top of page
" Making puppetry. For everyone."

Creating 'Cat Town'

Creating 'Cat Town' with Gwent Police and Monmouthshire Council

In 2019 PuppetSoup were approached by Ruth Moyse from the Diversity and Inclusion Team of Gwent Police. She wanted to develop a show to tackle Hate Crime and discuss the ‘Pyramid of Hate’ in a way that school aged children could understand using puppets. Joined by Heather and Shaj from Monmouthshire County Council, PuppetSoup agreed strongly that we would not want an overt show whereby each protected quality was discussed individually and ‘acted out’ but rather a show fundamentally about the subject of ‘difference’.


The timescale for this project was extremely tight and so it was agreed that a pilot show would initially be created to tour to a limited number of locations and then developed further after getting feedback.

thumbnail_propaganda poster_01.jpg

Through a process of discussion with Ruth, Shaj and Heather, PuppetSoup came up with a storyline from all of our own lived experiences.  The concept was to look at the idea of a dog called ‘Benji’ who lived on a hill just outside of a place called ‘Cat Town’.


By putting a dog in a ‘Cat Town’ there are immediately fundamental perceived differences in the characters.

Over a very short timescale of just three weeks bringing Joshua Macrow onboard for performance, making and show development, PuppetSoup managed to create 15 large scale puppets, a full soundtrack, a basic lighting design and a comprehensive and moving visual story covering the whole pyramid of hate, in a moving and poetic way for ages 7-13. 


The show is broken into two parts and paused at the strongest moment in the show to create maximum impact and space for discussion with the performers, police, teachers and council members. In the detailed discussion the children talk about what has happened, how it escalated, how they felt about it and what discrimination is like for Benji the Dog in Cat Town. The show is then concluded in a positive way allowing young people to see that they have a voice and can personally make positive change in their own environment.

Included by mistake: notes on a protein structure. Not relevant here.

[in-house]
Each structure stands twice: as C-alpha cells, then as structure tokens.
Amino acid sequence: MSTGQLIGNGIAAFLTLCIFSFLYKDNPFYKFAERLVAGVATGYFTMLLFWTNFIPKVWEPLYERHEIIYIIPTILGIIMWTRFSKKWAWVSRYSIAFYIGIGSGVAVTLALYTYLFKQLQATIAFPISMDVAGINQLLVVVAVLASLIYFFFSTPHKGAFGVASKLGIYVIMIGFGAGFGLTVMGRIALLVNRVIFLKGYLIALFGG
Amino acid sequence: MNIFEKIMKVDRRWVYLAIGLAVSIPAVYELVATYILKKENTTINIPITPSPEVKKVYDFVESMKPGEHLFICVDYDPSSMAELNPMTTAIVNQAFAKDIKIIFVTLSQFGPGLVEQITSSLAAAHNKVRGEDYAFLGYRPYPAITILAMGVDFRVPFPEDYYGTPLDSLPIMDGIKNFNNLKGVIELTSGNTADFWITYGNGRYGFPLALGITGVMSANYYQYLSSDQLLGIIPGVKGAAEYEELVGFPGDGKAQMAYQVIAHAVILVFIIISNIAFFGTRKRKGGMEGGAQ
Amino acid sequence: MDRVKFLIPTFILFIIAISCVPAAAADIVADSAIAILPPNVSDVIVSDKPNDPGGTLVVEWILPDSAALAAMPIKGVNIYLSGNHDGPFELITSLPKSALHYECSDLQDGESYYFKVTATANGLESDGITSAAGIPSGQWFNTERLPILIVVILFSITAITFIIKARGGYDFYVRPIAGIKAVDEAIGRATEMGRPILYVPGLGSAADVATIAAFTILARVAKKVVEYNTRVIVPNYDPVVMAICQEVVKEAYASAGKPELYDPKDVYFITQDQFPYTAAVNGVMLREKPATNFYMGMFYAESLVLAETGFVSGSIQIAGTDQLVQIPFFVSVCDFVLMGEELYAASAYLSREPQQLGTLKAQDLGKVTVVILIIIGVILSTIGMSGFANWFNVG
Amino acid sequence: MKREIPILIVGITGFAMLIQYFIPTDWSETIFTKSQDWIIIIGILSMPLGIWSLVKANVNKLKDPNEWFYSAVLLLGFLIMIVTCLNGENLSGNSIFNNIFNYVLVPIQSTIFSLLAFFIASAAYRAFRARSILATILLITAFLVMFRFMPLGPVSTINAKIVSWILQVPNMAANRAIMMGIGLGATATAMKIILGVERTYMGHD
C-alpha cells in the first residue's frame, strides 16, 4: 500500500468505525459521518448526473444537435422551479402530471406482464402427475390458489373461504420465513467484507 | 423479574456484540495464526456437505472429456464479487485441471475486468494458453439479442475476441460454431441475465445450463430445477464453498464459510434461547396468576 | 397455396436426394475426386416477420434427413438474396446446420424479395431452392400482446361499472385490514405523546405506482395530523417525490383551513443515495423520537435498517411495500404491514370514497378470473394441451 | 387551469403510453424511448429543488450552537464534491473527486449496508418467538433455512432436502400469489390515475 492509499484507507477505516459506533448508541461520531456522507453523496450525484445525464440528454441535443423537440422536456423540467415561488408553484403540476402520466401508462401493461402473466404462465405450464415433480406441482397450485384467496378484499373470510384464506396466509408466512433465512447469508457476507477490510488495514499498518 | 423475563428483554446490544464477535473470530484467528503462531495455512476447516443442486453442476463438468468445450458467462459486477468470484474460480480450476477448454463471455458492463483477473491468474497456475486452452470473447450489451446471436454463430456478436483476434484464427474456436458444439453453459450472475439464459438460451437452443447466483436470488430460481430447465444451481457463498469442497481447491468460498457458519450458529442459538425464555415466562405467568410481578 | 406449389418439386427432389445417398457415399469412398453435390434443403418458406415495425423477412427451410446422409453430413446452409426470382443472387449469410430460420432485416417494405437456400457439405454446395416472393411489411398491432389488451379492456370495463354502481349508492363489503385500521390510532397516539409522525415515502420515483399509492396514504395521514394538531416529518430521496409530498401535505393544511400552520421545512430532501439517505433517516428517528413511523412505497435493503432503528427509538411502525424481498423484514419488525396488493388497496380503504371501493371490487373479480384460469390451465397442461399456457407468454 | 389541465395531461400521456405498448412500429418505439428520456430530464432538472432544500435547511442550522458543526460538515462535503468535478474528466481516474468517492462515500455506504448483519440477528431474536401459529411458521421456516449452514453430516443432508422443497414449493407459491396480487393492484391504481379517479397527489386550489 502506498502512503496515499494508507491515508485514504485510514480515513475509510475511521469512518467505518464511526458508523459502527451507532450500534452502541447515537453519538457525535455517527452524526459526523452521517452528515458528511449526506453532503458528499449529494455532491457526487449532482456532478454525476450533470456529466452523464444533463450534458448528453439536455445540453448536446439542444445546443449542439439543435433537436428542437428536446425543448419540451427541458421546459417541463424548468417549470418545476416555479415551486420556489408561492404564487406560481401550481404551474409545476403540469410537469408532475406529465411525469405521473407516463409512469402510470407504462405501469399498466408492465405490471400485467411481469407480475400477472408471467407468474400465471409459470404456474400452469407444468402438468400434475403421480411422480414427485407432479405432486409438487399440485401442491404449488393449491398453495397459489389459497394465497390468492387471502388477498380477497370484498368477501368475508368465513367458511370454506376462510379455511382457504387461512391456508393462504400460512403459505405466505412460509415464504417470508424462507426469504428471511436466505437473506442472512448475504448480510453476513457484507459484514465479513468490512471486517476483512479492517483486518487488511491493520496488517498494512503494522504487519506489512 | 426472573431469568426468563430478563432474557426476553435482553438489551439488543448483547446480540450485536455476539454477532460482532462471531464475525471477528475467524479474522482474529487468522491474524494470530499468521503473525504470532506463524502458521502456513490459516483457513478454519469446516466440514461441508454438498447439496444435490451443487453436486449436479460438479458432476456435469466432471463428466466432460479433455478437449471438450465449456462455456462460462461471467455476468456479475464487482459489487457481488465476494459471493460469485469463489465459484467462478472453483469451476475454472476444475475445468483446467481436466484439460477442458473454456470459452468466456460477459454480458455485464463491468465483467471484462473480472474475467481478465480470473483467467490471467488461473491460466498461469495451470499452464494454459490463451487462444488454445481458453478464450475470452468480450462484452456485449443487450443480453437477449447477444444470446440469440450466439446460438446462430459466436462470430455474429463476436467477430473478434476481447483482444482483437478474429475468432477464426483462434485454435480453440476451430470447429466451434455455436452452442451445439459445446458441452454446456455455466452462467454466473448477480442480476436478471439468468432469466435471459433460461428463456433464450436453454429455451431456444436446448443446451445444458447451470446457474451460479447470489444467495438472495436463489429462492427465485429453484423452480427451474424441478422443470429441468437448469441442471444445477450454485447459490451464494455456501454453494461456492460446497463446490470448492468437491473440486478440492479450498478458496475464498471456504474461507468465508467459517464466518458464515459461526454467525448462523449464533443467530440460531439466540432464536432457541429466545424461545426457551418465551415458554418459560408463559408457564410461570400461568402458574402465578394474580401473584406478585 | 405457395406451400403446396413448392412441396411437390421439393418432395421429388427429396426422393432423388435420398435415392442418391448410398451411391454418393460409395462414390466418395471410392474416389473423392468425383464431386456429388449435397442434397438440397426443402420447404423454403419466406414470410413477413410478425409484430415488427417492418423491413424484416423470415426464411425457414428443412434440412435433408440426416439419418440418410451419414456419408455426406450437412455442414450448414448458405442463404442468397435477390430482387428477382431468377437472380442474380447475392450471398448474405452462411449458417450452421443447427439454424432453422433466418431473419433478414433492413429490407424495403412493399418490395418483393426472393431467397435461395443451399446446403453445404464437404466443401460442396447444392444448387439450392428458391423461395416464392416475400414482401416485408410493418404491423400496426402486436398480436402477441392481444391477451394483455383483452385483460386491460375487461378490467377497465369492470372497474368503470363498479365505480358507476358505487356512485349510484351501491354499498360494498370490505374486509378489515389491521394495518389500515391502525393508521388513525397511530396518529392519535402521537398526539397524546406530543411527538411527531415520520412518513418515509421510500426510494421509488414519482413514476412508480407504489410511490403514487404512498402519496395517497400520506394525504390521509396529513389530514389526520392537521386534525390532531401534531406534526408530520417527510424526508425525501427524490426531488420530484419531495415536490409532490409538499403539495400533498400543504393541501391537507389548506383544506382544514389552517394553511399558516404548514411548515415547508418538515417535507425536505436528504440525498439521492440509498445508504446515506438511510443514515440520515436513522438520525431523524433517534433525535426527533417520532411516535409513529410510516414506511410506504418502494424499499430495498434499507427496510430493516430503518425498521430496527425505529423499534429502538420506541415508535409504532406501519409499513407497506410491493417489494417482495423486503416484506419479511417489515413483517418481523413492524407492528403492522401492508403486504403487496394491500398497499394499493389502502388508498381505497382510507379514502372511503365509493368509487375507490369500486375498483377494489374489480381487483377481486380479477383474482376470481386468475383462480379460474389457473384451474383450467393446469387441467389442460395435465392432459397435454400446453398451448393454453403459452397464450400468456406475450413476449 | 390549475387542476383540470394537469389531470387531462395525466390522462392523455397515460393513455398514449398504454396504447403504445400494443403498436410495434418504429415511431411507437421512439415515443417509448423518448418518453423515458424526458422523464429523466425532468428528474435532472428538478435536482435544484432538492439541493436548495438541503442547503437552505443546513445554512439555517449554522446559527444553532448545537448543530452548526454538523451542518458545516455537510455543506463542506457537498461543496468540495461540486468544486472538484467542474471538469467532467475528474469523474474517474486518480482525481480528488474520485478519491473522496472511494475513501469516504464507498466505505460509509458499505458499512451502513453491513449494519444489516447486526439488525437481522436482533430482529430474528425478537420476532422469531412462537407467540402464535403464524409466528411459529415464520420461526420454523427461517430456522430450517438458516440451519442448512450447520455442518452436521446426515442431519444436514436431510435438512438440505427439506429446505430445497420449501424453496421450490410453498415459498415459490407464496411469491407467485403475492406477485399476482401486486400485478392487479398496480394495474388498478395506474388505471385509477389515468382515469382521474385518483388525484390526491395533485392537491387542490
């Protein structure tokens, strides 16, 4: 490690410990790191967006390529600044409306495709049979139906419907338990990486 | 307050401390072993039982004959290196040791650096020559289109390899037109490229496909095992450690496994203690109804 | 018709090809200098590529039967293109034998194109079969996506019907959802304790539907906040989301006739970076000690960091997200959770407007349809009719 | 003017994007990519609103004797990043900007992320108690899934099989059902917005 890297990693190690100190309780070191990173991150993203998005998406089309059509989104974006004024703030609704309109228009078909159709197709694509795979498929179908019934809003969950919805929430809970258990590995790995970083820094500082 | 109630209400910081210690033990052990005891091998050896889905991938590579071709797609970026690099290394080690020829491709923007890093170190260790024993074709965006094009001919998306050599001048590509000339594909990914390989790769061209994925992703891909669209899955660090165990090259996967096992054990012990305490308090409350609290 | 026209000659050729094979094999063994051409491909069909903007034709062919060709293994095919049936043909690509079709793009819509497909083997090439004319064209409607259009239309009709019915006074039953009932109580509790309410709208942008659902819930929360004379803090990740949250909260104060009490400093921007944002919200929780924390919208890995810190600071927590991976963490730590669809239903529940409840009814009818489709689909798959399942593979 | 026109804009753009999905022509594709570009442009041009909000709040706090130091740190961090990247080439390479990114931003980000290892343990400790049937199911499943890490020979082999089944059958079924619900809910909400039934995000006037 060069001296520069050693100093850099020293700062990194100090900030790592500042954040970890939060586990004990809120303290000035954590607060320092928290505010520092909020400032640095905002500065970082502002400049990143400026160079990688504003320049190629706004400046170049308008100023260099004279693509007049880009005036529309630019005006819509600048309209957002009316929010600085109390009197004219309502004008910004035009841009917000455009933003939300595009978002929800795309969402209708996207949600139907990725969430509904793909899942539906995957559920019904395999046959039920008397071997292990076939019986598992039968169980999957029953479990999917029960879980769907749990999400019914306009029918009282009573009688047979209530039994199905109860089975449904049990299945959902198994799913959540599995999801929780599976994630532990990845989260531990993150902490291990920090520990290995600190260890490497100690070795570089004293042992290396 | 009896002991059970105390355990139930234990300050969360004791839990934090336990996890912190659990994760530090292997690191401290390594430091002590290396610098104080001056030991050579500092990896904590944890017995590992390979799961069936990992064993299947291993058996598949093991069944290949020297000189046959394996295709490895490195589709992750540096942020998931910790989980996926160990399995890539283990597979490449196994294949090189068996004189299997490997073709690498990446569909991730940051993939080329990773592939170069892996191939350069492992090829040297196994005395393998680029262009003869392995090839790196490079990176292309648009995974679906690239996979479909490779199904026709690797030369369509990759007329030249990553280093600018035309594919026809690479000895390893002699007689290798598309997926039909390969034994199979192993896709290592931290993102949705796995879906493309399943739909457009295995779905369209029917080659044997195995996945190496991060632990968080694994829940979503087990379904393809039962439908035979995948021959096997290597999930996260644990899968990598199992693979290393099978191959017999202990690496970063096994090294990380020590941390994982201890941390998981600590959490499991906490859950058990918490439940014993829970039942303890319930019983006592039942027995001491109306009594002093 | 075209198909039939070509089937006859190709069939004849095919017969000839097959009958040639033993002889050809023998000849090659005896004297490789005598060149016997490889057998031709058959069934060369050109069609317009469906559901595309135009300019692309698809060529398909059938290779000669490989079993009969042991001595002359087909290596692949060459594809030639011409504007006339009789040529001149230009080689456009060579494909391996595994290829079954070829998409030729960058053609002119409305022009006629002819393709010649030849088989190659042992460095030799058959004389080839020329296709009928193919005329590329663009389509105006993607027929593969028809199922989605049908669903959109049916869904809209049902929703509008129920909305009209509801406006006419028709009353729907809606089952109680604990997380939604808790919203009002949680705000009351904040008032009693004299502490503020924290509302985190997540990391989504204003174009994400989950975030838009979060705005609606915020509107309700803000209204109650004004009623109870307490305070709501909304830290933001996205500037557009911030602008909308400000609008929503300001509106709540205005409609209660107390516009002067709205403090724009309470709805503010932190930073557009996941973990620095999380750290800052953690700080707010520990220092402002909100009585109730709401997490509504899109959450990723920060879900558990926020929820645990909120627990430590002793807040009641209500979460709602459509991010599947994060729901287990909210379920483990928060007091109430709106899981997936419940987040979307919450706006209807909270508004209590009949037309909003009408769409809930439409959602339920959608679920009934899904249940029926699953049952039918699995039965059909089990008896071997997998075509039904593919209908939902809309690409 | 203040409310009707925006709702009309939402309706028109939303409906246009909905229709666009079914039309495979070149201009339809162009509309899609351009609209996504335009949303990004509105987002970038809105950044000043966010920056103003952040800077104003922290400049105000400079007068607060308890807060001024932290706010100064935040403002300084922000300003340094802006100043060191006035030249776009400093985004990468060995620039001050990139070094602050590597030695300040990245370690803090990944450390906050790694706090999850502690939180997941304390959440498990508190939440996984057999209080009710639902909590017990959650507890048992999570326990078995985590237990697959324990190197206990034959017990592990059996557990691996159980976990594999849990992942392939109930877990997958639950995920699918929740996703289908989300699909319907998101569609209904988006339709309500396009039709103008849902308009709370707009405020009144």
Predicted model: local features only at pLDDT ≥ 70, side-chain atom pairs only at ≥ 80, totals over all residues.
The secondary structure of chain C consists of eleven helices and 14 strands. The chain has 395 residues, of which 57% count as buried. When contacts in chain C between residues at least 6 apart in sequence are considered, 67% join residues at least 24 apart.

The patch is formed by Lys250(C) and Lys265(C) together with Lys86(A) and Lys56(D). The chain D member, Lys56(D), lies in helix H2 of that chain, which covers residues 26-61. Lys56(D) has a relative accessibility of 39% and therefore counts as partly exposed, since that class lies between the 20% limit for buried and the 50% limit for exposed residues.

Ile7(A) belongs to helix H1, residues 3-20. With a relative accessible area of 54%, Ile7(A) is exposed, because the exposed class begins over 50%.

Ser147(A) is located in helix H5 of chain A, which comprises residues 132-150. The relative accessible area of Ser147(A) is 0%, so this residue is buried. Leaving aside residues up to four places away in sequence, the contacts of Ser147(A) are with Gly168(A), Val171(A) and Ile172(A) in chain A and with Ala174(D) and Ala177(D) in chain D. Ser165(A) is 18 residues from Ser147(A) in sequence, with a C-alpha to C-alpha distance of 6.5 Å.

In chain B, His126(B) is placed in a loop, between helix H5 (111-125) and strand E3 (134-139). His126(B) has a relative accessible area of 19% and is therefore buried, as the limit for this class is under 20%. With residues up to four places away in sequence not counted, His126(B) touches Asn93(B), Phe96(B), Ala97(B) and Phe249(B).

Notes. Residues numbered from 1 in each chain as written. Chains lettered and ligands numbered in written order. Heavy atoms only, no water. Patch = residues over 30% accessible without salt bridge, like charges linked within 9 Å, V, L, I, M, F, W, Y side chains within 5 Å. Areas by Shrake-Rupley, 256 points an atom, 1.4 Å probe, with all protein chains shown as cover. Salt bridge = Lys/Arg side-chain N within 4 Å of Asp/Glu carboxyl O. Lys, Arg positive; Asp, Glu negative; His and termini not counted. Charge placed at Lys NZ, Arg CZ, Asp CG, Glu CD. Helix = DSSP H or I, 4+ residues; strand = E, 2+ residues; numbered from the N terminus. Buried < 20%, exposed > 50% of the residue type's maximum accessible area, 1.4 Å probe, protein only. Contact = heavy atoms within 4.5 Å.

The children empathise very strongly, and often emotionally, with Benji the Dog demonstrating that they genuinely feel the effect of the show and understand how discrimation is affecting Benji.


Whilst the creation of the show was extremely hard work for the PuppetSoup team and many eighteen hour days were worked in order to make it happen, PuppetSoup are very proud to have made such a high impact show for such great organisations who were very supportive in the work. ‘Cat Town’ is one of the shows that PuppetSoup hopes to tour extensively as it covers a range of issues targeted for Hate Crime Awareness week and month, including racism, discrimination against disabled people, sexism and other hate crimes but broaches these subjects in a child friendly way.


Whilst touring to schools on the pilot tour PuppetSoup accompanied the show with a puppet making workshop called ‘Different Me’ which encouraged children to make a puppet of themselves, but that looked a little different to how they do, to encourage them to think about how our difference is not a cause for discrimination.


By fundamentally talking about ‘difference’ as a subject this show and project is an excellent catalyst for discussion. The show is emotionally strong, though appropriate for 7-13yrs, but PuppetSoup, Gwent Police, Monmouthshire County Council and the teachers who watched the show agreed that it is important for young people to empathise in order to make positive change.


The children loved the show, the workshop and especially the ‘meet and greet’ the puppets where they all got to meet Benji the Dog who they had engaged so much with.

bottom of page